Congratulations! Your project has attracted the attention of a bunch of new contributors. They love your project and are eager to help. They just don’t know where to start. So how do you get them to the right places?
If you followed the advice in Preparing for Hacktoberfest contributors, you’re already partway there. The “good first issue” label, which is a standard-ish practice, helps find things they can work on when they’re new to the project. But projects typically use that label for contributors who might need a little more help. What if they’re experienced, just not with your project? You can use the “help wanted” label for these issues.
But issue labels aren’t enough. What’s your project’s direction? Do you have a roadmap written down somewhere, even if it’s vaguely defined? What do you need that isn’t code?
This is where having a team directory (or something like it) can help. Your new contributors are, by and large, aware of their skills and interests. They know if they can write documentation, design logos, write code, give conference talks, or whatever else. So your job is to make it easy to find the people in your project who are doing that work.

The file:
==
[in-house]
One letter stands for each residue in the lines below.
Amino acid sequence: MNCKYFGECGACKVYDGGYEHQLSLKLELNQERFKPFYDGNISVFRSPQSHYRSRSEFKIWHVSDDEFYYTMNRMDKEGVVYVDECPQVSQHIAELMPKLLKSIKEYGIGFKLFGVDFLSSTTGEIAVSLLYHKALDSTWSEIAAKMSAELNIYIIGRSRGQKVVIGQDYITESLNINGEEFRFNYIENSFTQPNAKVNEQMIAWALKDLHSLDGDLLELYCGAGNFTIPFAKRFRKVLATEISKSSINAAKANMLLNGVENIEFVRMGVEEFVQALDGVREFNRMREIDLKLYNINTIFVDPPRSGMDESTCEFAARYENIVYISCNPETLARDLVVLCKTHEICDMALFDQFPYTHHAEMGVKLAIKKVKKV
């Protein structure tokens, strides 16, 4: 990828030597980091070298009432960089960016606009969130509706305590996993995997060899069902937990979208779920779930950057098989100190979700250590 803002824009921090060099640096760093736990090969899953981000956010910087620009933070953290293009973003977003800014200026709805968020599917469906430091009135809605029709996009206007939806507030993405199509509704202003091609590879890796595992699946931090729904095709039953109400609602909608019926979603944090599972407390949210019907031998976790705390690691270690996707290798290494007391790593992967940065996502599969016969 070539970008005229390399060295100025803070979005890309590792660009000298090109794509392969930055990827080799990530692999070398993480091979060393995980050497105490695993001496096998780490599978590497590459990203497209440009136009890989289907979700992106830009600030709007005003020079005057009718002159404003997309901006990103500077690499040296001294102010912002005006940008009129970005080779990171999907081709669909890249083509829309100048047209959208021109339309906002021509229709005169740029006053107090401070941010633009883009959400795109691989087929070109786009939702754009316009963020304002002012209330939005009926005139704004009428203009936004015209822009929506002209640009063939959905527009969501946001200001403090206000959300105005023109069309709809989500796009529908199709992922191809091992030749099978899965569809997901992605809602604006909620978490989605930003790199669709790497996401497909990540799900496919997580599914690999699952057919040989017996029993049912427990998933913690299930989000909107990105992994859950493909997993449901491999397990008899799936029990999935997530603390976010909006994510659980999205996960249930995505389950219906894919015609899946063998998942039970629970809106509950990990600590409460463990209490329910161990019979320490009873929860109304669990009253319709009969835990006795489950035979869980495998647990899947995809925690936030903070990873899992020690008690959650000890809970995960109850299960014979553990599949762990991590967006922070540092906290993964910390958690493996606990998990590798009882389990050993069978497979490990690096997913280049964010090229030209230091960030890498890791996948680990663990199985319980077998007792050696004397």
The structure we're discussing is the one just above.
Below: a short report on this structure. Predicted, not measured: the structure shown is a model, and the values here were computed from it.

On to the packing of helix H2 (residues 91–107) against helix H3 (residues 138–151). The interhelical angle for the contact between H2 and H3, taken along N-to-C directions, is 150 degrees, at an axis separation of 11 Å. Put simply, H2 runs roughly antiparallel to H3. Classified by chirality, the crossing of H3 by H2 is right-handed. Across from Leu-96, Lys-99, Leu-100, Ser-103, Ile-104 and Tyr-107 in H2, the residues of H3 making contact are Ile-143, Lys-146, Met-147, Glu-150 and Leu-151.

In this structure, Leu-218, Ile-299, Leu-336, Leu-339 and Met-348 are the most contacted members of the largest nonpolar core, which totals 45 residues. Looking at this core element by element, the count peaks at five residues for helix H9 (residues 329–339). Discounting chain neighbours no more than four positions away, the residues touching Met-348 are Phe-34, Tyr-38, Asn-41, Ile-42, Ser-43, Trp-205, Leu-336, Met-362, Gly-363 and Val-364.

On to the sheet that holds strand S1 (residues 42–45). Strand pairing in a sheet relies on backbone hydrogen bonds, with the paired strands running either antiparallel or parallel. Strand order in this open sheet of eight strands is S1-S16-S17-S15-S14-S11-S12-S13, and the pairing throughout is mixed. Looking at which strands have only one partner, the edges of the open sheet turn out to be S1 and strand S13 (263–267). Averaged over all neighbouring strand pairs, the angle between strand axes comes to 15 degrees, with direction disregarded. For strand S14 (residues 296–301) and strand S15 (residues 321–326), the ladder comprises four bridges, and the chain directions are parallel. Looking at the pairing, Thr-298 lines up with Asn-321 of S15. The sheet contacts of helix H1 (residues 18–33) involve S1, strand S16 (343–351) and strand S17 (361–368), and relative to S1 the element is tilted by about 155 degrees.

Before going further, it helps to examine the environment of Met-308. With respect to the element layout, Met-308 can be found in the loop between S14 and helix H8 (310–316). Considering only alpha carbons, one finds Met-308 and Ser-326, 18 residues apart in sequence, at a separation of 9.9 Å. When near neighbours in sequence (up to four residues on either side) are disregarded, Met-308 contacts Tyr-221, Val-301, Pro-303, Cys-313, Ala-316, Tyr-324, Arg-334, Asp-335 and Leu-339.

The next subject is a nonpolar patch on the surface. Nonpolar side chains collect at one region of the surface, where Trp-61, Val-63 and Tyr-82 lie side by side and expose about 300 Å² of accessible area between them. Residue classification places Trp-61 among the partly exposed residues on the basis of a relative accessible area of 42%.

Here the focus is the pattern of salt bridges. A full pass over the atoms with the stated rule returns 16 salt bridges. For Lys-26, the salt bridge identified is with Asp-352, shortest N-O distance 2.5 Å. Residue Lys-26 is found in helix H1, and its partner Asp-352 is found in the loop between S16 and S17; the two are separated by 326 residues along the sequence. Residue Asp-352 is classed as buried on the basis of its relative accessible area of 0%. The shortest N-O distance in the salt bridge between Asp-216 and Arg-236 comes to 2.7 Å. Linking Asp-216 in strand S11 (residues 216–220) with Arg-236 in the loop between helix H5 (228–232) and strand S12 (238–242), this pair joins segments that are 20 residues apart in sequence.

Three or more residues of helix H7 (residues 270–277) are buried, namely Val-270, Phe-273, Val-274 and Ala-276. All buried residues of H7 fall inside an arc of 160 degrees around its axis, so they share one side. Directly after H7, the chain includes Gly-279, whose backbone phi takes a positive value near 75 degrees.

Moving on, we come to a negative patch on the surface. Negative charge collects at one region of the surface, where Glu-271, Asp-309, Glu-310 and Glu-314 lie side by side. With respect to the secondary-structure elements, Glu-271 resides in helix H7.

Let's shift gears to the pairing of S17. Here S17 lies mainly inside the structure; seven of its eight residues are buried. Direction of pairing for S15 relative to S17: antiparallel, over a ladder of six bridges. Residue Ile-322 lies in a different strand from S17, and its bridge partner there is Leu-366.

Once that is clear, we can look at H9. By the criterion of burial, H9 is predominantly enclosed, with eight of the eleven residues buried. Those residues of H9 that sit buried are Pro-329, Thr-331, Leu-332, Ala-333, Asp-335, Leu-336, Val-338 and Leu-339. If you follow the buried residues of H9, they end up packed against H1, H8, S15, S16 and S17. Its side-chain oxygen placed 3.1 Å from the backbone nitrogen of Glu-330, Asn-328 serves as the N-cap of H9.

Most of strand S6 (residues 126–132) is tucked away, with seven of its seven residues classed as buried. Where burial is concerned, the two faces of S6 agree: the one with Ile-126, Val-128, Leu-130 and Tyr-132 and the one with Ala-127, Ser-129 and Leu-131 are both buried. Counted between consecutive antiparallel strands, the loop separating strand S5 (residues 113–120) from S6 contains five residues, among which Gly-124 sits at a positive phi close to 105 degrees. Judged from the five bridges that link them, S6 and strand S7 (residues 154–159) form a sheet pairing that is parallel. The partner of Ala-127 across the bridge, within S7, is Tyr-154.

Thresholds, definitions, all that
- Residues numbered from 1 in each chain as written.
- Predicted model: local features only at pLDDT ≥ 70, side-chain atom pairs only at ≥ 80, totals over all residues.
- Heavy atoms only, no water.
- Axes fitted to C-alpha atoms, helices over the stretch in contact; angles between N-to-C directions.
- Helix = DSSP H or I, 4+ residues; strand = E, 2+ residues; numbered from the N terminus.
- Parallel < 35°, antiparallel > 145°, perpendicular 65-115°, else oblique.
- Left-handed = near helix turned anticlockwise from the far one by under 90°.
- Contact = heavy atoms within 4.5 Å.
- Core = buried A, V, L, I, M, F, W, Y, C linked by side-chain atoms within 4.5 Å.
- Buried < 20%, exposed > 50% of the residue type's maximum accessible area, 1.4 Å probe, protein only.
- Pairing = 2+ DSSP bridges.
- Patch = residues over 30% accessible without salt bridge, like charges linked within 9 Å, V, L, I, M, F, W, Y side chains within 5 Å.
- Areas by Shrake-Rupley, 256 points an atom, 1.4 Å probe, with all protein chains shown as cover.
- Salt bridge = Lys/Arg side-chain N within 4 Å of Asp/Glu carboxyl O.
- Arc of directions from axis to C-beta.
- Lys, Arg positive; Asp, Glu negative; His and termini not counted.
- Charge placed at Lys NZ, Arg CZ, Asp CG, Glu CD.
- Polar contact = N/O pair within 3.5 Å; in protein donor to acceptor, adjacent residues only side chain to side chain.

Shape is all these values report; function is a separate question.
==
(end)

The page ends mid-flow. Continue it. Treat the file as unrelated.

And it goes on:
If nobody in your project is doing that work, that’s okay, too. You need the new contributors even more! But have an easy-to-find list of things that you wish you had the time and/or skills to make. Don’t just say “we welcome non-code contributions, too!” Be explicit about what you want. “We’d love to have someone manage our Mastodon account” or “We’re looking for help editing videos for our YouTube channel”.
If you have a list of things your project needs and empower people to take them on, you’ll find that newcomers self-direct to the best places to contribute.